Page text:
Ben S. Bernanke argued for 15 years that the Federal Reserve should announce a numerical inflation target. When he finally got his way in January, the victory allowed the central bank to elevate its other mandate: full employment.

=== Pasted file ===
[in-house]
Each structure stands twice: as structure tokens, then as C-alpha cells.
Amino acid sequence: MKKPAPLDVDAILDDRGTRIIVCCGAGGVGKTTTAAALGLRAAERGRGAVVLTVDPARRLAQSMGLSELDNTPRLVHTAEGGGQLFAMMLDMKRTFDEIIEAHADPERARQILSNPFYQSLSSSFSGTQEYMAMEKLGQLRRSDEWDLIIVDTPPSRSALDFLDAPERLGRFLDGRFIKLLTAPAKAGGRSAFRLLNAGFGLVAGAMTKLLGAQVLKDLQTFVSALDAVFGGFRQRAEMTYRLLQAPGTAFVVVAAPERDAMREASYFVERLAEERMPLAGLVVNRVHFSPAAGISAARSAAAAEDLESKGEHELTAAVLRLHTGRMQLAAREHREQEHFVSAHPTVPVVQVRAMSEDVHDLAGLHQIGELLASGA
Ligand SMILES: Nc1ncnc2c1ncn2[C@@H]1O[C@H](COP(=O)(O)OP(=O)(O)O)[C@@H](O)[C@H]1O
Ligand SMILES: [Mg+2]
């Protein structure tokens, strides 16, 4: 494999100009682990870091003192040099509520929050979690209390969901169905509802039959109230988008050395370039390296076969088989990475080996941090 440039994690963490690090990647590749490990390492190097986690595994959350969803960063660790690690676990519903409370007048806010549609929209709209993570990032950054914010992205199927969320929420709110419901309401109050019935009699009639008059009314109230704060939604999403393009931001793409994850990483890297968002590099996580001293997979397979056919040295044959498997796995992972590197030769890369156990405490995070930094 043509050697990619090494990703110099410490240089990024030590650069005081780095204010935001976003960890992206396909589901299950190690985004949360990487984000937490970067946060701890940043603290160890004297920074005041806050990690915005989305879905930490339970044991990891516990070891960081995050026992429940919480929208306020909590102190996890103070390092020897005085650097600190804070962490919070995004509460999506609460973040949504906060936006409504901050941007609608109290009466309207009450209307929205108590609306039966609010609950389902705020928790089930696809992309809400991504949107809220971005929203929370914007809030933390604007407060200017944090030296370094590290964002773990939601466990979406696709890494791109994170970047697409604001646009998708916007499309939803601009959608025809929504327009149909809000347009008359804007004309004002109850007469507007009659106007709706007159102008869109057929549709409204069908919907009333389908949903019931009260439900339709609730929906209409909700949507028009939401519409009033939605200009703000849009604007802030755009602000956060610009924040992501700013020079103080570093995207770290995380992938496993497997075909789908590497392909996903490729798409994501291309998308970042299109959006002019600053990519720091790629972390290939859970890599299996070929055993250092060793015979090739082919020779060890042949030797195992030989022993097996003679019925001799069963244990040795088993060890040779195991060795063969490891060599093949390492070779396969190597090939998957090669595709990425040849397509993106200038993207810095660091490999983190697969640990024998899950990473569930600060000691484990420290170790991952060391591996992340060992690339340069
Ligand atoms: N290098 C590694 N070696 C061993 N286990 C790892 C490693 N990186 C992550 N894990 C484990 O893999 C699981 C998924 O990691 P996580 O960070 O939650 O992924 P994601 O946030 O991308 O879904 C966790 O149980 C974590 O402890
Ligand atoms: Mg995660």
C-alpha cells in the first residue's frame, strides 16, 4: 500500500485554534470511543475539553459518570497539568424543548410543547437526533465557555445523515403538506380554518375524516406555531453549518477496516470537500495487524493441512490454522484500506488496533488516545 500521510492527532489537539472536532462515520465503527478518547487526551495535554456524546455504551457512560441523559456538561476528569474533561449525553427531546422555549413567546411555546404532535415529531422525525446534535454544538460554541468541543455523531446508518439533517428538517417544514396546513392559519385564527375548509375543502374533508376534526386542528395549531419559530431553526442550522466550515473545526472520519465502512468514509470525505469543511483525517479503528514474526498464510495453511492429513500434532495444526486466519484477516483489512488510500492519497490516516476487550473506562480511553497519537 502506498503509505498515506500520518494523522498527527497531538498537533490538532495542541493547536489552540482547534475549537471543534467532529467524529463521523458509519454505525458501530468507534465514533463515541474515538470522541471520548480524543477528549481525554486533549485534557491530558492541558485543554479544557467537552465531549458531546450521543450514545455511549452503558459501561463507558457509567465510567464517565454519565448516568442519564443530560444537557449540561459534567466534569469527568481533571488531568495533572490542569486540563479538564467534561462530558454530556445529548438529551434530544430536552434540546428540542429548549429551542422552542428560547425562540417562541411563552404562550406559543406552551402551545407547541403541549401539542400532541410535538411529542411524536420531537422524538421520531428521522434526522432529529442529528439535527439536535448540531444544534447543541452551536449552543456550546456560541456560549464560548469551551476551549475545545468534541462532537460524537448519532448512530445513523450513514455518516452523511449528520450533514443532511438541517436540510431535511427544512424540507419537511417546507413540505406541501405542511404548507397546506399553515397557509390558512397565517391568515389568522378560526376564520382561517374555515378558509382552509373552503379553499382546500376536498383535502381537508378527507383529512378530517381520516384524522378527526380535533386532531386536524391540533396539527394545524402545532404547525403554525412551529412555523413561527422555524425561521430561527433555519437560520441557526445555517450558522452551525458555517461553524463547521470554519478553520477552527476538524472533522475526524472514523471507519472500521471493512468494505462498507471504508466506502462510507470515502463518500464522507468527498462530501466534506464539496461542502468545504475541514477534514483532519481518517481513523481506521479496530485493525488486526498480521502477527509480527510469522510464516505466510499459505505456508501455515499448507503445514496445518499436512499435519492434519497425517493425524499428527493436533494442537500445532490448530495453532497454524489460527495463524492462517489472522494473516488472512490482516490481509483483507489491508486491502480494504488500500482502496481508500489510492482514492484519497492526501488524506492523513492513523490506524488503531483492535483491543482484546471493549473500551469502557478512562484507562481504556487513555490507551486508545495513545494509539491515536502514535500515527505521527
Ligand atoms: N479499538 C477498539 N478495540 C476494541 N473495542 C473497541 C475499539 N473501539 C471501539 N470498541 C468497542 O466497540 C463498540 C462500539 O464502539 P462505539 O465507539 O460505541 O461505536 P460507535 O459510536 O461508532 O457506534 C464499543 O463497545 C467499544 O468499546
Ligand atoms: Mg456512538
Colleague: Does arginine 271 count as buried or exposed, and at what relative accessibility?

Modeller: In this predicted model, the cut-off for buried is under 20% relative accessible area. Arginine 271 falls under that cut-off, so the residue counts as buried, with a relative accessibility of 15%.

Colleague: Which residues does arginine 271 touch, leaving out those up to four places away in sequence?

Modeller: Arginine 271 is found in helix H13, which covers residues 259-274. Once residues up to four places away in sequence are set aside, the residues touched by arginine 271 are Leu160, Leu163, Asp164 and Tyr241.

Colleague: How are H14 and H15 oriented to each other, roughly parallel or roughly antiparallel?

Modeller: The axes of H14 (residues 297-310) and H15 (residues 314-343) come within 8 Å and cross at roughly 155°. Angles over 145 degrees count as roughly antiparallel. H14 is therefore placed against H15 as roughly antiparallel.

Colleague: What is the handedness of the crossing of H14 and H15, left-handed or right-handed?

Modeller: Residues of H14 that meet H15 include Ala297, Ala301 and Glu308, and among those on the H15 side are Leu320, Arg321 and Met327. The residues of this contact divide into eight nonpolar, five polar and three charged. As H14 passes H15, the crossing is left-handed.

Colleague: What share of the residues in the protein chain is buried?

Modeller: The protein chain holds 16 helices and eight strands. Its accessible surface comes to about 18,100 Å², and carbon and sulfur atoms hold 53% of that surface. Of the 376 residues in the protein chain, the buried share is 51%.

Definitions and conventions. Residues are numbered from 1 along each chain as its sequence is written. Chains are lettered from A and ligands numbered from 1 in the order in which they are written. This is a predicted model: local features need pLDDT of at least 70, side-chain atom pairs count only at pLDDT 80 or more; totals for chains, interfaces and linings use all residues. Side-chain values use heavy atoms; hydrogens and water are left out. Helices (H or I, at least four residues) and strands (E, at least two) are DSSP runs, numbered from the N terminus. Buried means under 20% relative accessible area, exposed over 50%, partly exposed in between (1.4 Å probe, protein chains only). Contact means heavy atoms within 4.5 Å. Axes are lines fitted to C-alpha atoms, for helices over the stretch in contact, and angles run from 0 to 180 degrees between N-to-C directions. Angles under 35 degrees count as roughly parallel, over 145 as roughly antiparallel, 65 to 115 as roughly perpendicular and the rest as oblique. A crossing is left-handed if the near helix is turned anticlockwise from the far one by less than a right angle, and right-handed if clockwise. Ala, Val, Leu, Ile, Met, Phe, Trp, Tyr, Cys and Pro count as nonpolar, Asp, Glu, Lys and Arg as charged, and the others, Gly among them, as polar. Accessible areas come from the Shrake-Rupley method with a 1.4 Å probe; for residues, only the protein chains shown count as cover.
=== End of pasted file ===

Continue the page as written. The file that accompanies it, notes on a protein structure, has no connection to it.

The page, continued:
By adopting a 2 percent inflation goal, the Fed chairman sought to cement the central bank’s hard-earned credibility for keeping prices low after a 30-year fight against inflation. Bernanke calculated that doing so would anchor expectations for price changes, giving policy makers greater freedom to unleash new stimulus targeted at creating jobs. So far, the move has worked: The Fed embarked on a third round of quantitative easing in September without unhinging inflation expectations.